Sunday, May 30, 2010

Modern mind-body dualism

The concepts of soulism and Cartesian mind-body dualism are so ubiquitous that all our thoughts are shaped by them. Those with even a basic grounding in philosophy will have these ideas so entrenched that, even when opposing them, they are taking on the stance of going against establishment, rallying against cultural assumptions. And most people who have no idea what I'm talking about have the ideas even deeper in their thoughts, they're just less aware of them.

But these concepts were formed at a time (almost all of human existence) where the idea of something immaterial was so vague that it was unavoidably entangled with mysticism. The soul is explicitly described as a non-physical thing, and yet, it is treated as if it were a physical thing that just happens to be made of a different sort of physical substance. It is, above all, a thing. Less so the mind of Cartesian dualism; in this concept we get halfway to the idea of what we now consider the mind to be, but only halfway. The mind may not be a physical thing, but it's still a thing.

If, somehow, we could have gotten to this point in technological history without finalizing the ideas of soulism or mind-body dualism, and we were only inventing the idea now -- or, to put it another way, if some child could somehow grow up today familiar with modern technology yet wholly innocent of culturally established memes about dualism, then invent his own philosophy -- the resulting dualism would be a thousand times more apt, because for the first time in history, there's a convenient, handy analogy that leads us in what I think is more the right direction. Just as the camera helps us understand the eye (and, if the analogy is taken too far, can lead to misimpressions), the computer can help us understand the brain. And for the first time, everyone is familiar with software, and how it exists as an ephemeral, emergent property, partially independent of yet entirely dependent upon the underlying hardware.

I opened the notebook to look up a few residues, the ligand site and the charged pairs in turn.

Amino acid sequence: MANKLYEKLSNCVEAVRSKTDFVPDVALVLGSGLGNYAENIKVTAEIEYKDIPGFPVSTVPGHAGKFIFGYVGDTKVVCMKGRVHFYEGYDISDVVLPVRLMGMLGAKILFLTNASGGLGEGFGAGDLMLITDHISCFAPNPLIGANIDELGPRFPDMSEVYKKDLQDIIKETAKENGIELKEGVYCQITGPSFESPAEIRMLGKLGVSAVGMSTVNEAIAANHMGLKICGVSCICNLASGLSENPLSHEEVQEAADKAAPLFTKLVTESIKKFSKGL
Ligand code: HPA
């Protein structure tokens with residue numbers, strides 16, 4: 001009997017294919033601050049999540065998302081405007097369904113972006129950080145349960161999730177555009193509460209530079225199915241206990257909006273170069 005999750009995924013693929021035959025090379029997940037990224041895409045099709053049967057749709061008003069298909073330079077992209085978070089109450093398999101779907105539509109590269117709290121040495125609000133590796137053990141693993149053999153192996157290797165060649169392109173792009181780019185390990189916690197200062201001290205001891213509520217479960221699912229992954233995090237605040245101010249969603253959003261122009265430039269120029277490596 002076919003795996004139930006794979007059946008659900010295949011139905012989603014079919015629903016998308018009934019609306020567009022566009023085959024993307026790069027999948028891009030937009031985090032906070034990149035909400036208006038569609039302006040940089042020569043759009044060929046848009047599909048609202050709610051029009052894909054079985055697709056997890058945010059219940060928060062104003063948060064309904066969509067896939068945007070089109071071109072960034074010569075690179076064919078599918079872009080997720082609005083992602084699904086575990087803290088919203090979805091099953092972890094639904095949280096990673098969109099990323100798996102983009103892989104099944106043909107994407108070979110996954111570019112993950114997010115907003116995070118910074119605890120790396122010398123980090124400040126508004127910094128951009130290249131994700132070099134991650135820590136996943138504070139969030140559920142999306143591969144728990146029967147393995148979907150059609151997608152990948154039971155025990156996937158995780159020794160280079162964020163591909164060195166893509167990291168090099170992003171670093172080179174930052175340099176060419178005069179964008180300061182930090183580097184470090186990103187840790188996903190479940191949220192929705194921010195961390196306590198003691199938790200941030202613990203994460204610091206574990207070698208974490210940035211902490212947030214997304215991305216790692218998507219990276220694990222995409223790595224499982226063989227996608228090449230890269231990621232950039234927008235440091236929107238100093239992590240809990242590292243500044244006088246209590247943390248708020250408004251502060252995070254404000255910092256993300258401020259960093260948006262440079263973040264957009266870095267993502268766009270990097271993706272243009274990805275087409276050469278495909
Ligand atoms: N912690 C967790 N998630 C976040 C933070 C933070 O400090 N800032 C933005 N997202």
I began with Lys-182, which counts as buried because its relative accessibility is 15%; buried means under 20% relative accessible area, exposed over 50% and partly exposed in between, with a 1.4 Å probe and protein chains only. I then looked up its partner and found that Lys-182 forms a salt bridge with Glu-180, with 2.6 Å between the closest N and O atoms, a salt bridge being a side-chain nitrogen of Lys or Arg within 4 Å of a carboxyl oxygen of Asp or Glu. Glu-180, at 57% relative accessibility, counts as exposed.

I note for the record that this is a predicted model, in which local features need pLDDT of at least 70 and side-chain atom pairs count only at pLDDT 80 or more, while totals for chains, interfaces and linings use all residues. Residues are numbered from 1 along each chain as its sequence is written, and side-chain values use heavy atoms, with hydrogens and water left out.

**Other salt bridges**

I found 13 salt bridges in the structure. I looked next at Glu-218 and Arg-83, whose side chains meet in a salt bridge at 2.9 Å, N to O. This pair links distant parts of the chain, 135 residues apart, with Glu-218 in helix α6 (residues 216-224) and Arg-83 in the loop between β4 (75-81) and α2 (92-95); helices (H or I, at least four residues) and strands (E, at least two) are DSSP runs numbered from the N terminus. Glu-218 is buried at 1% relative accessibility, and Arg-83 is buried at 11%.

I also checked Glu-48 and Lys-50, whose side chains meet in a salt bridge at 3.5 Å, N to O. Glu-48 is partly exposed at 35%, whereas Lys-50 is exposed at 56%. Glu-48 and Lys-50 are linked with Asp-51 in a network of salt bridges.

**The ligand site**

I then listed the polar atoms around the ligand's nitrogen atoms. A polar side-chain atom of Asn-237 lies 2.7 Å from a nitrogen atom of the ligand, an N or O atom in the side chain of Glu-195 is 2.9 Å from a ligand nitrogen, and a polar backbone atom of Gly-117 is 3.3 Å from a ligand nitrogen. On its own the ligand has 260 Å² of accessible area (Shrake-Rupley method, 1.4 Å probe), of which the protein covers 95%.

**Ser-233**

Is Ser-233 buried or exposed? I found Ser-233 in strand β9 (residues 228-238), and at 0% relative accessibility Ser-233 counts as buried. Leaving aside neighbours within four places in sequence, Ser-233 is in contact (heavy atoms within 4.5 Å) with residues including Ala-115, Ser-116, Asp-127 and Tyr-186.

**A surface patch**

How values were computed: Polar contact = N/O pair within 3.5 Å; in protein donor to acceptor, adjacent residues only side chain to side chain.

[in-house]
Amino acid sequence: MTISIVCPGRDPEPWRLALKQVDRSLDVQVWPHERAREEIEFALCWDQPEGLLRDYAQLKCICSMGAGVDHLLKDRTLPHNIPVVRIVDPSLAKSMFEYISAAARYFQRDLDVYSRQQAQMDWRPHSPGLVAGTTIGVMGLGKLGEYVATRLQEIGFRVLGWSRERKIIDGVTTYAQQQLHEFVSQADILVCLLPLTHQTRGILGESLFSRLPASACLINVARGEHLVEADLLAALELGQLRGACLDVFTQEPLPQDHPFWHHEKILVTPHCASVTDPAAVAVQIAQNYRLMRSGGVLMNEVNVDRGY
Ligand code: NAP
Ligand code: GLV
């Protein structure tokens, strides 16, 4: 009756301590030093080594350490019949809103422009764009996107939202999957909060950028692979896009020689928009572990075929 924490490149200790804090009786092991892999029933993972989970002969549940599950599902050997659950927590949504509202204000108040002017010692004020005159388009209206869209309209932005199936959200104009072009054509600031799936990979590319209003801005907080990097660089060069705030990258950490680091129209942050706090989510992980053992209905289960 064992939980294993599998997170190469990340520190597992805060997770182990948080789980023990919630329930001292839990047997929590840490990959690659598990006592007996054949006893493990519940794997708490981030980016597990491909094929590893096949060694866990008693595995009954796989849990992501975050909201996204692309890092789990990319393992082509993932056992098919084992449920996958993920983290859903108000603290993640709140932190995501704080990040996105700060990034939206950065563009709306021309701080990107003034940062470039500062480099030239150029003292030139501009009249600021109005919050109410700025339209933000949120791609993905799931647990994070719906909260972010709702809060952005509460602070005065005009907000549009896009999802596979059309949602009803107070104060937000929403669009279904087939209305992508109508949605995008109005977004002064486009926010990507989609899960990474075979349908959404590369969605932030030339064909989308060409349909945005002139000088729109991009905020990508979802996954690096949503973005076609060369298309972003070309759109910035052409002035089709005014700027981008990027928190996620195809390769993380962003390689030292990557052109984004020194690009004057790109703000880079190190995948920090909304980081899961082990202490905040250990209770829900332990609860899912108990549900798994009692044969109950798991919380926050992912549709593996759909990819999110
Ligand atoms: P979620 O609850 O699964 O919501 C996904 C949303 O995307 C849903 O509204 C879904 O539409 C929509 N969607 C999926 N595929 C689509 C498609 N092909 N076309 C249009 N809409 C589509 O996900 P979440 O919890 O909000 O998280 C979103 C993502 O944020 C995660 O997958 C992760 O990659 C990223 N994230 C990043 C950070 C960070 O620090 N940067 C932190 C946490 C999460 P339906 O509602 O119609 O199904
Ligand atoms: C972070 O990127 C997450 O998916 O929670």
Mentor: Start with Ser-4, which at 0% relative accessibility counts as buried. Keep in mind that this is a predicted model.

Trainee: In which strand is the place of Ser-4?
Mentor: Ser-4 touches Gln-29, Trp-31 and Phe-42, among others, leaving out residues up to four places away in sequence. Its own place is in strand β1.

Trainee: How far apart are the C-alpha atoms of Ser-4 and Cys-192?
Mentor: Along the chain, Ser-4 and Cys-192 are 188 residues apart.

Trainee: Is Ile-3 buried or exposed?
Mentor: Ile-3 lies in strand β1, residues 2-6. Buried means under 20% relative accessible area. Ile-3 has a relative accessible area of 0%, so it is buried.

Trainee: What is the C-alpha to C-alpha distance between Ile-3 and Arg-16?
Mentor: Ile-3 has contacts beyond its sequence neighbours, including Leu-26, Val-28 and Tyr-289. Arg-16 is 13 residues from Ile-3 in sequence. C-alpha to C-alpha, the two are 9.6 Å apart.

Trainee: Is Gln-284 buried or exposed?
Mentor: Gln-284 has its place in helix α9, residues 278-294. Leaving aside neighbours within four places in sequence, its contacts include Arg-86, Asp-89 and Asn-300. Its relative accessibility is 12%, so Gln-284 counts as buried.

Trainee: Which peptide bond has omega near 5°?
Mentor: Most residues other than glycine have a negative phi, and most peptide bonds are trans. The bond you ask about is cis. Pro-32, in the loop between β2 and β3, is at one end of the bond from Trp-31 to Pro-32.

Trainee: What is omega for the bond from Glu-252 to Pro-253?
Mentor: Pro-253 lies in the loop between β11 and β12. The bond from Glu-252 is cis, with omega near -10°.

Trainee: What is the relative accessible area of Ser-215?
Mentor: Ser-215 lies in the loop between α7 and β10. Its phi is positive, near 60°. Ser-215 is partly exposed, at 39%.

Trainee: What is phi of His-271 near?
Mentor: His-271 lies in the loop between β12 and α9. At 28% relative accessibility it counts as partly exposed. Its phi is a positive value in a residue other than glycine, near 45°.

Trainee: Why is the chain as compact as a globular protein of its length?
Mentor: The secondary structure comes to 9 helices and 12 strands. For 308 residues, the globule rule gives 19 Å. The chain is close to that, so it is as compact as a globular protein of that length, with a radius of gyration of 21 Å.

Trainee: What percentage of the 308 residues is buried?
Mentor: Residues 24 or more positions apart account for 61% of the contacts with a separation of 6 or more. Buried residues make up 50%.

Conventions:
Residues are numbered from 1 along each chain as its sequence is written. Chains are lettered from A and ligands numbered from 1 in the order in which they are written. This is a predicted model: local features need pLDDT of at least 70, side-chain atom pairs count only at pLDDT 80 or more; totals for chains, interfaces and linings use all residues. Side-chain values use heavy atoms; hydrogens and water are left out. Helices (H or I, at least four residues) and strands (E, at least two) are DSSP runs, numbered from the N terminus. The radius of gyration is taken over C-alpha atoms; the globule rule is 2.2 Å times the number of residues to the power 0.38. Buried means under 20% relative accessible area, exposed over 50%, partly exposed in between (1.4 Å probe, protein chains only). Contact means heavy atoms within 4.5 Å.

The intangible thing that coexists with the physical thing no longer needs to be some mystical spark, or possess inexplicable properties because of its noncorporeality. The mind is simply software: it is information, it is a particular configuration of the hardware. It is tangible in the sense that the shape of a building you built out of Legos is tangible, and intangible in the sense that those same Legos can be taken apart and built into an airplane, and where is the house now? The mystery is not nearly so mysterious now that we all have in our pockets a six-ounce, $100 bit of metal and plastic that can do the same transcendent mystery as the mind in the brain.

What kind of philosophy would we create if we had this far clearer, much less misleading analogy to start from? To be sure, it would lead us to other spurious conclusions, but I tend to think far less of them, and not as grievous.

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